Spin Zone: Do school-impact fees on West Hawaii property owners make sense?
For several decades, public policy has been that taxpayers shouldn’t bear the entire brunt of building new schools in growth areas, but this policy was implemented project-by-project because there was no state law obligating developers to pay.
A group of developers, educators, and state and county officials spent two years developing an equitable and rational method for requiring some of the costs of future schools be paid by those who would use them.
The 2007 Legislature carried out the recommendations of that working group. Act 245 set out the process for the Department of Education to determine where fees should be collected and spent, and established formulas to calculate the amount of land and fees required. Impact fees apply to individual vacant lots as well as multilot developments.
The law requires a contribution of land for a school and 10 percent of the cost of school construction, based on the number of units planned in a new project. State taxpayers would pay the other 90 percent of the new-school construction costs.
The DOE started by proposing a school-impact-fee district in the area with the largest number of proposed homes and the smallest number of existing schools to accommodate growth. That area was West Hawaii. Now that the first district is established, the DOE will continue with the next-largest area and apply lessons learned in the West Hawaii process.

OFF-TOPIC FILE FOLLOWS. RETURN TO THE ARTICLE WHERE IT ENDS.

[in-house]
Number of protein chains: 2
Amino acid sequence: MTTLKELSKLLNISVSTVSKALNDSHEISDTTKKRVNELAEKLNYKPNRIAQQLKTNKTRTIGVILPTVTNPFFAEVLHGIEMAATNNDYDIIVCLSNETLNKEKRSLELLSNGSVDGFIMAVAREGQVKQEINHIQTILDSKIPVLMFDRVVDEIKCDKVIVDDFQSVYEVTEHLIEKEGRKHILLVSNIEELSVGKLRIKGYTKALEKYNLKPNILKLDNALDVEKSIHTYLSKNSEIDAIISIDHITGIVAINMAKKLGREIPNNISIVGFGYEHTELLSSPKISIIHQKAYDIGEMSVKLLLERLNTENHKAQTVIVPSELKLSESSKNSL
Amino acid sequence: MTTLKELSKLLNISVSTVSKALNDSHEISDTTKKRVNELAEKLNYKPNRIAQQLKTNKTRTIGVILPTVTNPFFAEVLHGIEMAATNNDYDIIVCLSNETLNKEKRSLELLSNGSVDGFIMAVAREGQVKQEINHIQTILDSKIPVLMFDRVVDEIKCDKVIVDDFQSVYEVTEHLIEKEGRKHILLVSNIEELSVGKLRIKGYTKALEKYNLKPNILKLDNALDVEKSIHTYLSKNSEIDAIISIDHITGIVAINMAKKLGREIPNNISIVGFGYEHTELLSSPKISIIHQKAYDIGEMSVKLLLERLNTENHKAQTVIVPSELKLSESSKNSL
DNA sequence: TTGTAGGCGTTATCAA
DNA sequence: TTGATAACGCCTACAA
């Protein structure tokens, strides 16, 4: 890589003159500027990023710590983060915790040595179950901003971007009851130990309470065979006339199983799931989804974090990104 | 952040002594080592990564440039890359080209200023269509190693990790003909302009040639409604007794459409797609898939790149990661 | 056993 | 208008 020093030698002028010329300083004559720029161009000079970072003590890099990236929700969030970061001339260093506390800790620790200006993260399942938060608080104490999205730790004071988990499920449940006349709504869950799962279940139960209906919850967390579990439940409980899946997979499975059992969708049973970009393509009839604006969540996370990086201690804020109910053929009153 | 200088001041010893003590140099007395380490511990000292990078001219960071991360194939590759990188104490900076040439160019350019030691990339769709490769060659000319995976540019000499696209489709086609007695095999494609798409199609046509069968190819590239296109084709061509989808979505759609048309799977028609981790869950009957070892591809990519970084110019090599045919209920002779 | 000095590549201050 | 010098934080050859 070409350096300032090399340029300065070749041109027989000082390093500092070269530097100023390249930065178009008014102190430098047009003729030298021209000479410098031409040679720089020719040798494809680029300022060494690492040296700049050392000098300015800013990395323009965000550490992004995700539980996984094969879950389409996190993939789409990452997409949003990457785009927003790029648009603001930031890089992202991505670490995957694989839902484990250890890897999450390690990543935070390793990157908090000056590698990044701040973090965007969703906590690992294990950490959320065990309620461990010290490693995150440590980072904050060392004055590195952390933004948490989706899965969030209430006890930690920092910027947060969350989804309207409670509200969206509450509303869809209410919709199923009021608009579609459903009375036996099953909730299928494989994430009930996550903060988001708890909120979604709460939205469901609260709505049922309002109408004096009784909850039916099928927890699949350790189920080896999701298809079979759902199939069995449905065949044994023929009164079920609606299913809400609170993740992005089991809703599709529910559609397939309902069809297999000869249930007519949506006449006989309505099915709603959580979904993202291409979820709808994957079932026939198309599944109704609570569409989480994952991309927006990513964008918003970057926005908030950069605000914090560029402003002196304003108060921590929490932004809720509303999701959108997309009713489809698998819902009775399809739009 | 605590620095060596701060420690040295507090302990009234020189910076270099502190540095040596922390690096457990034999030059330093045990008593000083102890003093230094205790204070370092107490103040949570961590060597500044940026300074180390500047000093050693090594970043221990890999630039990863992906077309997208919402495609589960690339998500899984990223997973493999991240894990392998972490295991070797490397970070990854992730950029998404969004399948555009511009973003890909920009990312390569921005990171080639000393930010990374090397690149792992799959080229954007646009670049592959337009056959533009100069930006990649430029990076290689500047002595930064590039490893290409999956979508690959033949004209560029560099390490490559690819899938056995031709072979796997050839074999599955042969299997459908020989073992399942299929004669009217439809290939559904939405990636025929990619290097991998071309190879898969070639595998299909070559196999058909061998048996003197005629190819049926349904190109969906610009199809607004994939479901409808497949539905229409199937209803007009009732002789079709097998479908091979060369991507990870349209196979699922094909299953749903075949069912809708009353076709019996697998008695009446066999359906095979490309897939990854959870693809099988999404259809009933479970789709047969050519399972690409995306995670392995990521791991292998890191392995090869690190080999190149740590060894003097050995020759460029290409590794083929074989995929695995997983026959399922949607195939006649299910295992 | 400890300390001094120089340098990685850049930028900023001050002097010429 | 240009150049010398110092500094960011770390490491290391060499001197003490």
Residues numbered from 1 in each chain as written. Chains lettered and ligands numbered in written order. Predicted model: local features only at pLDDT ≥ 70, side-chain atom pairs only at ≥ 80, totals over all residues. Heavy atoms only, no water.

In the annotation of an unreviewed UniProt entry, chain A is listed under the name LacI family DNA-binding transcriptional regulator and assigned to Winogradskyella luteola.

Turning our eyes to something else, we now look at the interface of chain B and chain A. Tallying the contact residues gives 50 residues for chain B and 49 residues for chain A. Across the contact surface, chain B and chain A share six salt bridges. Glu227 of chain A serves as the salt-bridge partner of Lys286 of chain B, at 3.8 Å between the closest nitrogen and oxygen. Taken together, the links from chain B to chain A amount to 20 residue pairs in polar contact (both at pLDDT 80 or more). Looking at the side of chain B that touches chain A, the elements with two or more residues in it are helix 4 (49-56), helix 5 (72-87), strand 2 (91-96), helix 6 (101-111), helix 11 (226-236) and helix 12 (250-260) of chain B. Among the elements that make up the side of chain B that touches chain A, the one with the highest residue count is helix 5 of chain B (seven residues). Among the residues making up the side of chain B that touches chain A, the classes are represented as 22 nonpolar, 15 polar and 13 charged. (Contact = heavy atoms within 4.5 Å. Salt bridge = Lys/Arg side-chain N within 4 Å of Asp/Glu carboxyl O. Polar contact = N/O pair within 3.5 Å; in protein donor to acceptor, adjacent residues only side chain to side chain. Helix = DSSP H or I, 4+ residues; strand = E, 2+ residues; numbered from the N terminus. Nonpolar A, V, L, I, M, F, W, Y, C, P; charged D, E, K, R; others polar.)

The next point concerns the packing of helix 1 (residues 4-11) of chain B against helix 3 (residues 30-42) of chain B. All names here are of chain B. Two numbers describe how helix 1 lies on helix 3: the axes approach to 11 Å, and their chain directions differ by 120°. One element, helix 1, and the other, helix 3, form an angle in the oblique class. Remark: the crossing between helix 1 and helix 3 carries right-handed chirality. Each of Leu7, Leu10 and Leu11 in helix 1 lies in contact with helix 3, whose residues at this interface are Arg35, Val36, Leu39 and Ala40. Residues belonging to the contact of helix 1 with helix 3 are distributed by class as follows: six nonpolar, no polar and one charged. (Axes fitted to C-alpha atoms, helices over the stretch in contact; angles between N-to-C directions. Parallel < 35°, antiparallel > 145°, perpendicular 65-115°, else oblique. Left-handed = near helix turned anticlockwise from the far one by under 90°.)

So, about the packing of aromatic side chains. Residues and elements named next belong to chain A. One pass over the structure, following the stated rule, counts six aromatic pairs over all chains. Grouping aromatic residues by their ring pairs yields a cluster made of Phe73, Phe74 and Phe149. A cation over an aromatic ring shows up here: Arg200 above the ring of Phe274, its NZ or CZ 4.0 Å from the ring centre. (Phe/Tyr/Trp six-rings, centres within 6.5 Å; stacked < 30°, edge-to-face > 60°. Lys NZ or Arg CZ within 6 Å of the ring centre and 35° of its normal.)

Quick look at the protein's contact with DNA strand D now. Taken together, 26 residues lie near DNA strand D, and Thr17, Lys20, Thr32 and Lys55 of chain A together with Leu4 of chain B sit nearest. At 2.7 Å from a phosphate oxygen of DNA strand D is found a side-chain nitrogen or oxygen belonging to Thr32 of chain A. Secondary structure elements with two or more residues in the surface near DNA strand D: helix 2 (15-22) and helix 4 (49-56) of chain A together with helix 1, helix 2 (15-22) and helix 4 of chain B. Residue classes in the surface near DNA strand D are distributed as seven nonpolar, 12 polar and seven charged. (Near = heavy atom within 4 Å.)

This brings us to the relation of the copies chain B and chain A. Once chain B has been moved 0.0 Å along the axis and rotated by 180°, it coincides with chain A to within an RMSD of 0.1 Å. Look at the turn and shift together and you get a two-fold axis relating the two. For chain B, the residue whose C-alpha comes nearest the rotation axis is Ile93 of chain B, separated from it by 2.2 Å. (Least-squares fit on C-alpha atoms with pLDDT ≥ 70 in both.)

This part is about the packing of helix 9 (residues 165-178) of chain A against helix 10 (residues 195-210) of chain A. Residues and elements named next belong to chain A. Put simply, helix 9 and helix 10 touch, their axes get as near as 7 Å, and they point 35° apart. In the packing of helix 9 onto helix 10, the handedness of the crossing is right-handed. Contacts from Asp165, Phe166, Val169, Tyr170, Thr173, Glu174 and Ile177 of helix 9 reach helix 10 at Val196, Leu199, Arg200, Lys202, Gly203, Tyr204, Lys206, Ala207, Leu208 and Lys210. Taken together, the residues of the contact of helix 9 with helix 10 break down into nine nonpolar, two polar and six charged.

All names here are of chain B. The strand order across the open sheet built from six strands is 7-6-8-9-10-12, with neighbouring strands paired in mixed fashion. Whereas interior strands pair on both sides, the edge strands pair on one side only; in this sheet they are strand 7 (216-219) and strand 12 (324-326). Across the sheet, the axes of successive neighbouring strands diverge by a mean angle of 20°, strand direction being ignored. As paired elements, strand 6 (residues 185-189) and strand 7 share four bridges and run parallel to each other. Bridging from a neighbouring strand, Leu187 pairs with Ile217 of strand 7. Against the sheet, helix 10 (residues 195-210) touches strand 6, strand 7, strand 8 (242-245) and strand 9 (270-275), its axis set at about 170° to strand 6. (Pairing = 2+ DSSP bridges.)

The West Hawaii district was first proposed in the fall of 2008, but its adoption was postponed several times for additional hearings and analysis at the request of developers and landowners. Implementation began July 1. Individual lots in developments where the developer has already satisfied an earlier school-impact obligation will not be subject to a second impact fee.
The state Department of Education’s plan to impose school-impact fees on property owners in West Hawaii is the wrong plan being imposed in the wrong way at the wrong time.
This plan to offset the cost of new schools is being imposed during the worst fiscal crisis since the Great Depression and will further depress West Hawaii’s construction industry when many construction workers are already out of work.
A “fair-share” formula already requires large developers to contribute cash or land to support schools when they obtain rezoning from the County or reclassifications from the state.
However, the DOE failed to inform the public that about $3,300 in new fees will be imposed on any family that wants to build a home on an undeveloped lot from Waimea to Kealakekua. The DOE never even extended a courtesy call or letter to inform any county official of its plans.
The DOE selected West Hawaii to test this scheme, citing high growth projected there over the next 25 to 30 years. However, West Hawaii is not even on the DOE’s list of top 10 most-needed schools. Six of those top 10 are in Kapolei. The highest-ranking “needed” school in West Hawaii is a middle school for Waikoloa, which is No. 16 on the statewide list.
We support public education and understand the DOE must raise money to build or expand schools, but this proposal flatly discriminates against West Hawaii residents. If this impact fee is truly good for West Hawaii, then it should be imposed in all areas where growth will require new schools.